Results from the coupled model using the OGCM and the schematic mechanism: (a) Annual mean pressure vertical velocity anomaly (ω; Pa s−1) at 500 mb over the tropical Pacific; negative values indicate upward motion. (b) Annual mean ocean temperature anomaly (K) across 10°S in the tropical Pacific. (c) Same as in (b), but across 170°E in the tropical Pacific. (d) Annual mean zonal ocean current anomaly (m s−1) across 170°E in the tropical Pacific. (e) Schematic diagram of global tropical responses to the North Atlantic freshwater forcing and the mechanism. The blue circle over the Central American coast emphasizes the important region of atmospheric linkage between the Atlantic and Pacific. The anomalous surface zonal wind over the northern tropical Pacific strengthens the trade wind there, while over the southern tropical Pacific, it weakens the trade wind. Brown crosses mark locations of paleoproxies: 1) Altabet et al. (2002), 2) Wang et al. (2001), 3) Dannenmann et al. (2003), 4) Stott et al. (2002), 5) Lea et al. (2000), 6) Koutavas et al. (2002), 7) Lea et al. (2000), 8) Benway et al. (2004), 9) Peterson et al. (2000), and 10) Wang et al. (2004). (f) Anomalous summer precipitation (m yr−1) and flow at 925 hPa over the Indian and eastern China regions. Brown crosses mark paleoproxies at location 1, 2, 3, and 4 in (e). The SST and precipitation anomalies are significant at the 95% level in area without shadow and are not significant at the 95% level in area with shadow with Student’s t test.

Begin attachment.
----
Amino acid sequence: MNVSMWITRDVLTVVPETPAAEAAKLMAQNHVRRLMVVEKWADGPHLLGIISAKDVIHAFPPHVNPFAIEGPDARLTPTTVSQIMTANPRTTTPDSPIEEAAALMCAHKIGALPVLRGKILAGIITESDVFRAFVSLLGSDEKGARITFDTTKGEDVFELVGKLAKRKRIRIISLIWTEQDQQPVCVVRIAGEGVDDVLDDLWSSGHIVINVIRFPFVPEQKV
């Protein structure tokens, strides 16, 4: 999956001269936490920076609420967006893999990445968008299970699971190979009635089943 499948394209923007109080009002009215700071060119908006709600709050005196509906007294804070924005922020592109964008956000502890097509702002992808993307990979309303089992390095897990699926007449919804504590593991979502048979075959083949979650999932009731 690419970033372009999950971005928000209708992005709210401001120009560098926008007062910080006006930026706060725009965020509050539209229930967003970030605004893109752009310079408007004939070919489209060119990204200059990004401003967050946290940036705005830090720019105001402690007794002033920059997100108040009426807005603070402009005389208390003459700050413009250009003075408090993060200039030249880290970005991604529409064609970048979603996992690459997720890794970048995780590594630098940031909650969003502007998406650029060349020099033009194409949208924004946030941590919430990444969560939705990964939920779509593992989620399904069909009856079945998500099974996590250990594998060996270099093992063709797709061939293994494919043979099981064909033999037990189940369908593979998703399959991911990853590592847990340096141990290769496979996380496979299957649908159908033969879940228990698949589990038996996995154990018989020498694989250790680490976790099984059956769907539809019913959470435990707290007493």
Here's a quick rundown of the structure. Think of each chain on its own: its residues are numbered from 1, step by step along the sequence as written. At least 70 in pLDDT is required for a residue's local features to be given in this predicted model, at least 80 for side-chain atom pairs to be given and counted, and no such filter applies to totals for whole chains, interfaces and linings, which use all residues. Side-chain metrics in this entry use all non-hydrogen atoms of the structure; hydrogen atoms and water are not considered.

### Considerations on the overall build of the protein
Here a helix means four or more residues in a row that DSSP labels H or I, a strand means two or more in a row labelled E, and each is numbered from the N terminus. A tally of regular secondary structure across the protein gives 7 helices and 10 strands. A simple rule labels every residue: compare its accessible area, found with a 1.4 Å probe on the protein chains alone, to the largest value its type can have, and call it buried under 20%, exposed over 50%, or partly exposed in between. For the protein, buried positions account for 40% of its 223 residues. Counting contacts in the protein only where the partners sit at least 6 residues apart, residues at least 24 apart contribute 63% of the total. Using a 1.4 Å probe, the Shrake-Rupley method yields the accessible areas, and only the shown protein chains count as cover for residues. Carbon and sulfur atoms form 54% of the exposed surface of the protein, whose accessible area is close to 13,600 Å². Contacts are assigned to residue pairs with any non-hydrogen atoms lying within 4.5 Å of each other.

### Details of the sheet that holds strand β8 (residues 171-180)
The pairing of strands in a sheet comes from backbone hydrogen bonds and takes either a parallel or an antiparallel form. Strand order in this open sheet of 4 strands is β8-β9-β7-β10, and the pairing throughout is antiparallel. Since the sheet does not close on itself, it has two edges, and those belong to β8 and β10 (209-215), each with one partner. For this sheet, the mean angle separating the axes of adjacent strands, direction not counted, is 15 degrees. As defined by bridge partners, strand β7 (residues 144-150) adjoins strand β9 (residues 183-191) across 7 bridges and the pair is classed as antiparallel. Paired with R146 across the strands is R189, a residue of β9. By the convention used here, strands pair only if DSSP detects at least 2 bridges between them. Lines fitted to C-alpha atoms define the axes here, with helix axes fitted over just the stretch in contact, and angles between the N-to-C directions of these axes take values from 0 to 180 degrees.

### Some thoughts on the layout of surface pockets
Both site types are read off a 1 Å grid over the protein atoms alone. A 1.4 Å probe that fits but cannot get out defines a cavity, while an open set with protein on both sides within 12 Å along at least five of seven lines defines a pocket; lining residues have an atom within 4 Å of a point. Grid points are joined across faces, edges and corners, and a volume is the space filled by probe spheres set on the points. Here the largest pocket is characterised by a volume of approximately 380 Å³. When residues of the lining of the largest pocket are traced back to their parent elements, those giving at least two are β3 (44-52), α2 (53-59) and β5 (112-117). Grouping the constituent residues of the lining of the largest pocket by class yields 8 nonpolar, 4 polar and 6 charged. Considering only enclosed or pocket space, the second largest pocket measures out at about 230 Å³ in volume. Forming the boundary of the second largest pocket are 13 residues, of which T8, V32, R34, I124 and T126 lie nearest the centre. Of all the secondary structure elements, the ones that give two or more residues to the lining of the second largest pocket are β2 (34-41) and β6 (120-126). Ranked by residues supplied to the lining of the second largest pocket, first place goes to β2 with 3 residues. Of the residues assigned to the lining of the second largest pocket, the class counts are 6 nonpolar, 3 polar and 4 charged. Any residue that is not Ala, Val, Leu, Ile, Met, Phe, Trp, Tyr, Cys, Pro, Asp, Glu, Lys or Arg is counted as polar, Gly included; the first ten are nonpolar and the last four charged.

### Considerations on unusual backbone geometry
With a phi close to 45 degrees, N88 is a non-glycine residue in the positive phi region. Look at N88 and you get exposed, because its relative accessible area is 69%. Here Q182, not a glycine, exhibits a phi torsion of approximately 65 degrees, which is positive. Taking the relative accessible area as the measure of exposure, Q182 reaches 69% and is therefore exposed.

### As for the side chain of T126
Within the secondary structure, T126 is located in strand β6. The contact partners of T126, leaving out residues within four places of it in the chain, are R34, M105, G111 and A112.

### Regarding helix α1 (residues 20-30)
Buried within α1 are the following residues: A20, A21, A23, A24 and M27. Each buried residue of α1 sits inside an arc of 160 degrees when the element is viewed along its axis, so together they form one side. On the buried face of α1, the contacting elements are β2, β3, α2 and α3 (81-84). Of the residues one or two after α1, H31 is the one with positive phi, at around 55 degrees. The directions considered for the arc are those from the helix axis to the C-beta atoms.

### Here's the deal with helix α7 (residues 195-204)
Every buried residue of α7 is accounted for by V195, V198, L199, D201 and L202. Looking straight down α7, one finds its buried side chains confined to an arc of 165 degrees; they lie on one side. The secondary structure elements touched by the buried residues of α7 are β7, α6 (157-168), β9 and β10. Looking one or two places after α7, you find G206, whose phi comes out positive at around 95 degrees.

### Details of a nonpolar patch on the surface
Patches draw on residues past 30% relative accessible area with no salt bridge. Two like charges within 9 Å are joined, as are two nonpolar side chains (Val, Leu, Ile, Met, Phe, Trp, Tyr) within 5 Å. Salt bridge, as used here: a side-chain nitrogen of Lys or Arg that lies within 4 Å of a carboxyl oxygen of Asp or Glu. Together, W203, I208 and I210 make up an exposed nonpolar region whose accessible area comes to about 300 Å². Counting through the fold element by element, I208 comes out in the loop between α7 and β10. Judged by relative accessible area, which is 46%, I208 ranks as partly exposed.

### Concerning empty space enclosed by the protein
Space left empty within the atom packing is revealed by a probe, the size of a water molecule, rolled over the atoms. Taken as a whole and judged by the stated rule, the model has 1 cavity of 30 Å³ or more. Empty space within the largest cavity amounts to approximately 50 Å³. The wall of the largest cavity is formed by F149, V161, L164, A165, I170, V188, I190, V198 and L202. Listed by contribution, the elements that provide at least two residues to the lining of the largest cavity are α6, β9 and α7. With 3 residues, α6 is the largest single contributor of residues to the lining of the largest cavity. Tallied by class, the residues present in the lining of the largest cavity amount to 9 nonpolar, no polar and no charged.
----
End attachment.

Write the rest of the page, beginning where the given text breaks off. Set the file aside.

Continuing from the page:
South of the equator, the western tropical Pacific thermocline is shallowed because of the weakened southeast trade wind, resulting in surface and subsurface cooling there (Fig. 2b), similar to that in an El Niño phase. This reduces the east–west SST contrast at 10°S and provides a positive feedback to the weakening and eastward shift of the Walker circulation there. North of the equator, the western tropical Pacific thermocline is deepened as a result of the enhanced northeast trade wind, resulting in subsurface warming there (Fig. 2c), similar to that in a La Niña phase. The thermocline depth variations, which cause the dipole subsurface temperature anomaly in Fig. 2c, correspond to a maximum decrease (increase) of sea surface height (SSH) at 10°S (10°N), as they are both driven by surface wind anomalies. With the geostrophic balance, this weakens the northern equatorial counter current (NECC; 0.2 m s−1 in the control run; 0.14 m s−1 in the perturbed run) and strengthens the southern equatorial counter current (SECC; almost zero in the control run; 0.1m s−1 in the perturbed run; Fig. 2d). In modern climate, the NECC is much stronger and the SECC almost disappears because of the asymmetry of the Pacific ITCZ position. In the perturbed run, the western tropical Pacific Ocean circulation becomes more symmetric about the equator, along with the southward shift of the Pacific ITCZ. The mechanism of the tropical response discussed above is summarized in Fig. 2e.